A spokesperson for the U.S. Attorney’s Office and the prosecutors assigned to the case declined to comment. Attorneys for the witnesses did not respond to multiple requests for comment.
Attorney Marc Greenberg is representing Korotkiy, the defendant, and recently represented another defendant in a nearly identical case. He said the plight of the witnesses in such proceedings is “unfortunately rather common in maritime cases.”
Greenberg said he’s been involved in or knows of cases in which witnesses, while being held indefinitely in the U.S. or other foreign countries awaiting criminal proceedings, have committed suicide, attempted to commit suicide or been held for more than a year.
He said being held indefinitely — even outside of detention, when food and lodging is taken care of and wages are being paid — takes a toll on witnesses.
“Imagine you went to Greece on vacation, you saw a crime, and you were ordered to stay in Greece the next six months,” Greenberg said.
In a court filing, Greenberg did not oppose deposing the witnesses and allowing them to leave the U.S., or allowing them to leave with a promise to return for trial. But based on the amount of evidence that he needs to review before taking the depositions, he told the court it would be impossible to depose them before Christmas, as the witnesses had requested. He said he would make an exception for the new father.
While prosecutors asked the court to keep the witnesses in the U.S. until trial, promising that they would expedite the proceedings, Greenberg noted in his filing that the witnesses have two overwhelmingly compelling reasons to return for the trial: failing to attend would negatively impact their chances at getting a U.S. visa, which would “effectively terminate” their ability to ever work in the shipping industry again, and at least some of the witnesses could be entitled to a share of any fine levied against the shipping company.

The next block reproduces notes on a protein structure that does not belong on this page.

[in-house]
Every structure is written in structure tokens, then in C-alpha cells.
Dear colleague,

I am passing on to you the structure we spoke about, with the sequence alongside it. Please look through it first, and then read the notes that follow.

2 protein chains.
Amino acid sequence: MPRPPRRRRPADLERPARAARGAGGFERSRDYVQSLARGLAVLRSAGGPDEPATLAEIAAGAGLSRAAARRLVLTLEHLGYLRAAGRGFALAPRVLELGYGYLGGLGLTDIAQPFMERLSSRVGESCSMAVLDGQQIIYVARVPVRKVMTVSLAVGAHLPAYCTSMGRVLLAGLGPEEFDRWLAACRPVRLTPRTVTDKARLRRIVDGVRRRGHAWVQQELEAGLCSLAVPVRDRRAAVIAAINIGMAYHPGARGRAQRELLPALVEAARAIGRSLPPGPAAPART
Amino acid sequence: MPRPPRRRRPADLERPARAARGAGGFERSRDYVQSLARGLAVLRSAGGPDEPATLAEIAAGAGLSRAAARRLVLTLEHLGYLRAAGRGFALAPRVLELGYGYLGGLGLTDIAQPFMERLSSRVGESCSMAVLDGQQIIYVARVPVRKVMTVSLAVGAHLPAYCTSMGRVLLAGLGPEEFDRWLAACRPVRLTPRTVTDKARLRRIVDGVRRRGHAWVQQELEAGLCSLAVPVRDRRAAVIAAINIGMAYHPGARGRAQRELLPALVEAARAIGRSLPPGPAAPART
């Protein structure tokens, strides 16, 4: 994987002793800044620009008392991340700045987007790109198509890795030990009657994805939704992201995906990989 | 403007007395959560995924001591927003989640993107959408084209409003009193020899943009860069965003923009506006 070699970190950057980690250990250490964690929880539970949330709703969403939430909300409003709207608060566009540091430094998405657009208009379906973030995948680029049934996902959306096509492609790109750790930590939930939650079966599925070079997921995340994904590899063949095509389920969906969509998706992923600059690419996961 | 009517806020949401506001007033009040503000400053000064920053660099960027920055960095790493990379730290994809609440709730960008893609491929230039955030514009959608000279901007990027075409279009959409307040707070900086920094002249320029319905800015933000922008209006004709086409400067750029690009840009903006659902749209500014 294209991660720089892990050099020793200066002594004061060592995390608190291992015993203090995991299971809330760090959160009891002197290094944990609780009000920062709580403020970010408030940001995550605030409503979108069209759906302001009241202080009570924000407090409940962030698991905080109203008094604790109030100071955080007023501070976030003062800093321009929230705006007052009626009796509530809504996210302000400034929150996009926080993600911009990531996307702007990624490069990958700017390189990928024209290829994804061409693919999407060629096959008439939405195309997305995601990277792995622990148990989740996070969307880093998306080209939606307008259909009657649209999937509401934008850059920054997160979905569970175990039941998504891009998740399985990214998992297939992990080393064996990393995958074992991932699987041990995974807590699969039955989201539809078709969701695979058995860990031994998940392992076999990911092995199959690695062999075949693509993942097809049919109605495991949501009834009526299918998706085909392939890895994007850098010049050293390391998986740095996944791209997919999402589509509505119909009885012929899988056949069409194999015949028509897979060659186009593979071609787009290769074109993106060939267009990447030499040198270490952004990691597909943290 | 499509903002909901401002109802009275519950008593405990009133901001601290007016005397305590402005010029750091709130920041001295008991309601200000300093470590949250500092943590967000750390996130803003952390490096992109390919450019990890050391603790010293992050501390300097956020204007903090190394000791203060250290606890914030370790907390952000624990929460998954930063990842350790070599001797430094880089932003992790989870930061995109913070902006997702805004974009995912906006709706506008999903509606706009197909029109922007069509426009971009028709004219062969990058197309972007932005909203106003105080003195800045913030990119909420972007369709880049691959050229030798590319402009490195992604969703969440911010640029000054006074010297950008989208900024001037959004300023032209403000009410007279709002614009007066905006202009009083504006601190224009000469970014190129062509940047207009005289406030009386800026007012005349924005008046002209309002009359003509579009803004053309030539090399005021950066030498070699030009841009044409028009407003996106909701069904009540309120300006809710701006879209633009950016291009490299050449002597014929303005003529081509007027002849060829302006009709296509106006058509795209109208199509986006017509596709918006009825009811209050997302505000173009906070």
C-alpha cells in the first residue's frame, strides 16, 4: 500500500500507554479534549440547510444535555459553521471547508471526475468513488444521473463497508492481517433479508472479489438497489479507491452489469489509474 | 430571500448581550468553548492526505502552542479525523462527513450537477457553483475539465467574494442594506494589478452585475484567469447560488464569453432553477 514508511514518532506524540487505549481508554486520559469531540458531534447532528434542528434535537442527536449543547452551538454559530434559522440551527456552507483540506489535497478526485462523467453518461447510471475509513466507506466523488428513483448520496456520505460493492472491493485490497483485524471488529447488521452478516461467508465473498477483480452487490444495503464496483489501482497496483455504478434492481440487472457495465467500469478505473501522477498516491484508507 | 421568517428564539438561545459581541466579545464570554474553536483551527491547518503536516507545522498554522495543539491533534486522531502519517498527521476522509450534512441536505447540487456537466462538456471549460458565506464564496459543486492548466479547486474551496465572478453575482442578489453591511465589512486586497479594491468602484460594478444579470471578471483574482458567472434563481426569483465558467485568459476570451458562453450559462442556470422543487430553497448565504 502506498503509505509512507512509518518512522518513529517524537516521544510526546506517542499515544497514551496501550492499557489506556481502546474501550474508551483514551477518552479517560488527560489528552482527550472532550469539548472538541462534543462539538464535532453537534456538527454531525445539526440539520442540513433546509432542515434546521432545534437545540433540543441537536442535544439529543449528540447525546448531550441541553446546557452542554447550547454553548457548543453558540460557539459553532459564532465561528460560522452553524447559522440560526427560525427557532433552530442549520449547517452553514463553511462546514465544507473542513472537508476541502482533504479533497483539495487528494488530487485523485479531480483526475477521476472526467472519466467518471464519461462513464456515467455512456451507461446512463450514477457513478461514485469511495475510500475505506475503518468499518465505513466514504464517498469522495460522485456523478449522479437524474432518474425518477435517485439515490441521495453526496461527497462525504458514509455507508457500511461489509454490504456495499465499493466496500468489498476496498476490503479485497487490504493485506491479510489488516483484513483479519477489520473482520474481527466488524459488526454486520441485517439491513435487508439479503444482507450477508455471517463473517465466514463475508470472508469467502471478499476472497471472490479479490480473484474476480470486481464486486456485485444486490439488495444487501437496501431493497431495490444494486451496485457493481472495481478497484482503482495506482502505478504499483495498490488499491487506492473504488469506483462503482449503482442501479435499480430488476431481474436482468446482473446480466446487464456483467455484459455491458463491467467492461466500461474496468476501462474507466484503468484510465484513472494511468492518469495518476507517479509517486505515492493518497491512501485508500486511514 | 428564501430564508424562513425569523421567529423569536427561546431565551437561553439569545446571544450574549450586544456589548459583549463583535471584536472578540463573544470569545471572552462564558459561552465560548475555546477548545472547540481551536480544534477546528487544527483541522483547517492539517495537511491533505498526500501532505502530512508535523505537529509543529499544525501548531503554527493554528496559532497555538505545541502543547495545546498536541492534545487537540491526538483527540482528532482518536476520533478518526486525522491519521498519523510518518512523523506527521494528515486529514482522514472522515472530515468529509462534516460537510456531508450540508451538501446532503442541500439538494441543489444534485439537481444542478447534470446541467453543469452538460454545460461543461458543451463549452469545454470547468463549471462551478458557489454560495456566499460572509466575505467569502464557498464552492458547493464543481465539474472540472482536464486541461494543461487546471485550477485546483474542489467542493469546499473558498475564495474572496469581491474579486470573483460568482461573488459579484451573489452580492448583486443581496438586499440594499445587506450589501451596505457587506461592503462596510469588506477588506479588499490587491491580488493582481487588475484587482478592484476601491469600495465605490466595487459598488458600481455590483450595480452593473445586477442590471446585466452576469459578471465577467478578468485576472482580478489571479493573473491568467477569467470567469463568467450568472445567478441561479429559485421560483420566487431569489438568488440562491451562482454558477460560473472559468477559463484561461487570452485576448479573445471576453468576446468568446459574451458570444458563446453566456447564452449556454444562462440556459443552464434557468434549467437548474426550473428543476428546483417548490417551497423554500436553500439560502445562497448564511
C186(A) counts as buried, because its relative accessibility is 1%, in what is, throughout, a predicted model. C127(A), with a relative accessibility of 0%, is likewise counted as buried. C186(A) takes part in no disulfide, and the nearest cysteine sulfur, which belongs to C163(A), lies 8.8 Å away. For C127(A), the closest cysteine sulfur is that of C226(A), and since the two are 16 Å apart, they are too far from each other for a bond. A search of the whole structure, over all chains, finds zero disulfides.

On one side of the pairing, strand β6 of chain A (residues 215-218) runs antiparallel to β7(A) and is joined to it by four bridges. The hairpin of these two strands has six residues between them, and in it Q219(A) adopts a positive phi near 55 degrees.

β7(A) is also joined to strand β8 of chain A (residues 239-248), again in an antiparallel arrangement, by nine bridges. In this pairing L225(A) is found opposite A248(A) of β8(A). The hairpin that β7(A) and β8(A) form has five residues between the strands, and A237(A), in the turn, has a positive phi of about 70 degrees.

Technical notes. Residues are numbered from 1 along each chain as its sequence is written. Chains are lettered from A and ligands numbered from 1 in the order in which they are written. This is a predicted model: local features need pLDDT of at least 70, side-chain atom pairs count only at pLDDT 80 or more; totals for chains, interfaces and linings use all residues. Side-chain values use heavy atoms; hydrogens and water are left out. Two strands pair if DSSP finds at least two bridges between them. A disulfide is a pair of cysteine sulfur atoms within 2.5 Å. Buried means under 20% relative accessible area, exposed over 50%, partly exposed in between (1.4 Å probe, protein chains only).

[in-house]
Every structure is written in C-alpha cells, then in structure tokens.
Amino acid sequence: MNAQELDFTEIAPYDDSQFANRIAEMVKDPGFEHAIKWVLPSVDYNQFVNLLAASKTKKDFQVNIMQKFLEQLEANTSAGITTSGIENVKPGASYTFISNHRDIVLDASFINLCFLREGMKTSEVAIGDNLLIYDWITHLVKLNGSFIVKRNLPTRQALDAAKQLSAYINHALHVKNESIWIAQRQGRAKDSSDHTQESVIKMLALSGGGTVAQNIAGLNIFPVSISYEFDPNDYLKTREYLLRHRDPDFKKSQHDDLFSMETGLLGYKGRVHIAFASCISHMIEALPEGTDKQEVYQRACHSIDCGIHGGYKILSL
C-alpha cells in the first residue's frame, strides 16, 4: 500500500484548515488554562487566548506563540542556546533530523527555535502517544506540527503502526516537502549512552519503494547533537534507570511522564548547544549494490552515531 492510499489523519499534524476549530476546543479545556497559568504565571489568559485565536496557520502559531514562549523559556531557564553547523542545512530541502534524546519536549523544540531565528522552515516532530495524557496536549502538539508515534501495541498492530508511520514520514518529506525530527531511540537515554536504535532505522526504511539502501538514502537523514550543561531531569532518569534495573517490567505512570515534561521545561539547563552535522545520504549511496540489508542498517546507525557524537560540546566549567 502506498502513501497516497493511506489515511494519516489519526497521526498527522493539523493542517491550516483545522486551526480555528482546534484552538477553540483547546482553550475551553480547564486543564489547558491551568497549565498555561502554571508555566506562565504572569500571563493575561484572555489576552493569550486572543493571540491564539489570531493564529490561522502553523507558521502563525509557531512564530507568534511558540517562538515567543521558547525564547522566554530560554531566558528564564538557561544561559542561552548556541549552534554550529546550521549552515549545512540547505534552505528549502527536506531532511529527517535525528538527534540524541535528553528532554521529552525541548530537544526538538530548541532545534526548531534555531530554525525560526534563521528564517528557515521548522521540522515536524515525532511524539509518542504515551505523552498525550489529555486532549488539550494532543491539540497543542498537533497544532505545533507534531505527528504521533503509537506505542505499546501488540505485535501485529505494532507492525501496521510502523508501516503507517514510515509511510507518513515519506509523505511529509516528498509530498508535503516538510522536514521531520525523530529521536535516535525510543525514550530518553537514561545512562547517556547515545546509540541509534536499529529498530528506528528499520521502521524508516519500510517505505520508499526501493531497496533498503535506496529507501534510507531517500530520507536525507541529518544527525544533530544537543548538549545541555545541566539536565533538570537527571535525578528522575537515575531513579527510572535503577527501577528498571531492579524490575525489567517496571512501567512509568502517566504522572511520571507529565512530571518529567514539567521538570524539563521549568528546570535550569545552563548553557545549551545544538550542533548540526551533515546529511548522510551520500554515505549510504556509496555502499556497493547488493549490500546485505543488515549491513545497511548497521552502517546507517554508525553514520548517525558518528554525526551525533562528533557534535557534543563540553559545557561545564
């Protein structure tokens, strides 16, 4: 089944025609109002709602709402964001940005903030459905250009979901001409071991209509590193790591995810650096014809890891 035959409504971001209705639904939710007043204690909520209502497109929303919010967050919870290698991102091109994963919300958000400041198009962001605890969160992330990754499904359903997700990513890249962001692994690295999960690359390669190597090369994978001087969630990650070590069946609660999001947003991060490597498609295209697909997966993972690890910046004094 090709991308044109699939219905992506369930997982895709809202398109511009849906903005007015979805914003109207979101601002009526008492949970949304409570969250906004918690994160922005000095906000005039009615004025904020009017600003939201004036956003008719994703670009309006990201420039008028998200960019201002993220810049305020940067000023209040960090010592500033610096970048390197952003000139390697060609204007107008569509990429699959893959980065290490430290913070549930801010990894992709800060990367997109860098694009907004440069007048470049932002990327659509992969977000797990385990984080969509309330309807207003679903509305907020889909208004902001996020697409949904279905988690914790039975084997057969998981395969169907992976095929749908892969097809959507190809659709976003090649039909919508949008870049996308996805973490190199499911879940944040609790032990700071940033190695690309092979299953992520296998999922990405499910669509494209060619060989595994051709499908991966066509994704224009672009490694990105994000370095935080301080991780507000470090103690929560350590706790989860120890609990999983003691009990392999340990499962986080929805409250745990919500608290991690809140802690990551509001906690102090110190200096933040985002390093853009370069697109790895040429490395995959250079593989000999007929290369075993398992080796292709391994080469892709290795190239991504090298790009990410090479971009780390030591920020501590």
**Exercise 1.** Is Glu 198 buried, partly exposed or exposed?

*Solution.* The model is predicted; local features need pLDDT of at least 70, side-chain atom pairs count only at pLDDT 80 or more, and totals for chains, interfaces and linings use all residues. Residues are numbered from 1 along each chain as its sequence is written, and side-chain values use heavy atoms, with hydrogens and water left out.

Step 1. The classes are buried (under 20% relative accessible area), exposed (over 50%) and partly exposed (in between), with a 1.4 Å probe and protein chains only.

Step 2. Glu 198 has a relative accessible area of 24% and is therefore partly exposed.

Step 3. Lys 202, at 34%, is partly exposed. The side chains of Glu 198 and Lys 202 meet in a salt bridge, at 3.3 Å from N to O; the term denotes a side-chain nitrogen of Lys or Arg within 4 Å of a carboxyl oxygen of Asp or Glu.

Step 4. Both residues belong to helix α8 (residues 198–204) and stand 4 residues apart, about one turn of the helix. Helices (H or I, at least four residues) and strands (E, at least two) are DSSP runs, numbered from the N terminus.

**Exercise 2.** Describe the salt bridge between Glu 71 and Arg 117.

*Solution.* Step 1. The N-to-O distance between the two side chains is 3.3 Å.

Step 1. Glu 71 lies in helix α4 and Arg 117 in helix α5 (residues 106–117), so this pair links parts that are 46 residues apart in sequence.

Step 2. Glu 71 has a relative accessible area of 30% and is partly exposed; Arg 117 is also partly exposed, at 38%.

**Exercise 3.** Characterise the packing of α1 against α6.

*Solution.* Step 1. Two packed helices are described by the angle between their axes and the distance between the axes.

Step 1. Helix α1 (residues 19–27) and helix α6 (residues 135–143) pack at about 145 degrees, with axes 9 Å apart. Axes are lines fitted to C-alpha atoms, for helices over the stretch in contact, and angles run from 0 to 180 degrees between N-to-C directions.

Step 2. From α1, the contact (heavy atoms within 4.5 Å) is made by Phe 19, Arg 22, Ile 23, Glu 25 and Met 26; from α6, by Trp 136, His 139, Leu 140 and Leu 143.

“The crewmembers will be available, one-way or the other, for trial,” Greenberg wrote. “Their continued detention in the United States is unnecessary.”
Assistant U.S. Attorney Melanie Pierson and Stephen Da Ponte, a senior trial attorney from a Department of Justice environmental crimes unit, argued in a motion that live testimony would be stronger than depositions if the case were to go to trial.
“Requiring the material witnesses to testify live at trial allows both the government and the defendant the opportunity to fully develop their testimony, and allows the jury to evaluate their demeanor,” the prosecutors argued.
They also argued that cases like this one differ from other, more common cases involving material witnesses. In San Diego, prosecutions of human smugglers often involve the detention of witnesses, the people who were being smuggled across the border. Often, those witnesses are deposed and sent back home.
And in court late last month, Pierson brought up another issue she sees with the case: the shipping company, which she said authorities are investigating in connection with this incident, is paying for the attorneys for both the defendant and the witnesses.
As for the crime itself, Korotkiy was indicted Thursday on three counts of obstructing justice and one count of failing to maintain an accurate oil record book. Prosecutors use the record keeping violation as a backdoor way to prosecute, and hopefully discourage, environmental crimes that occur in international waters outside of U.S. jurisdiction.
In a nearly identical case earlier this year, a ship’s chief engineer was sentenced to a year in custody, and the vessel’s operating company was ordered to pay a $1.1 million fine and hire an independent monitor to audit environmental compliance during a four-year probation period.
According to a press release from the U.S. Attorney’s Office in that case, the discharge of unfiltered, oily bilge water in cases like this accounts for about 37 percent of worldwide ocean oil pollution.
In that case, four witnesses from the ship, as well as the defendant, were held in San Diego under the same type of deal as those from the Donald, according to court records. It’s unclear exactly how long the witnesses were held, but that case was resolved with a plea agreement some six to seven months after they were removed from their ship.
The men from the Donald may get an answer on Tuesday, when another hearing is scheduled at which a judge could decide whether they can participate in depositions and be allowed to return home.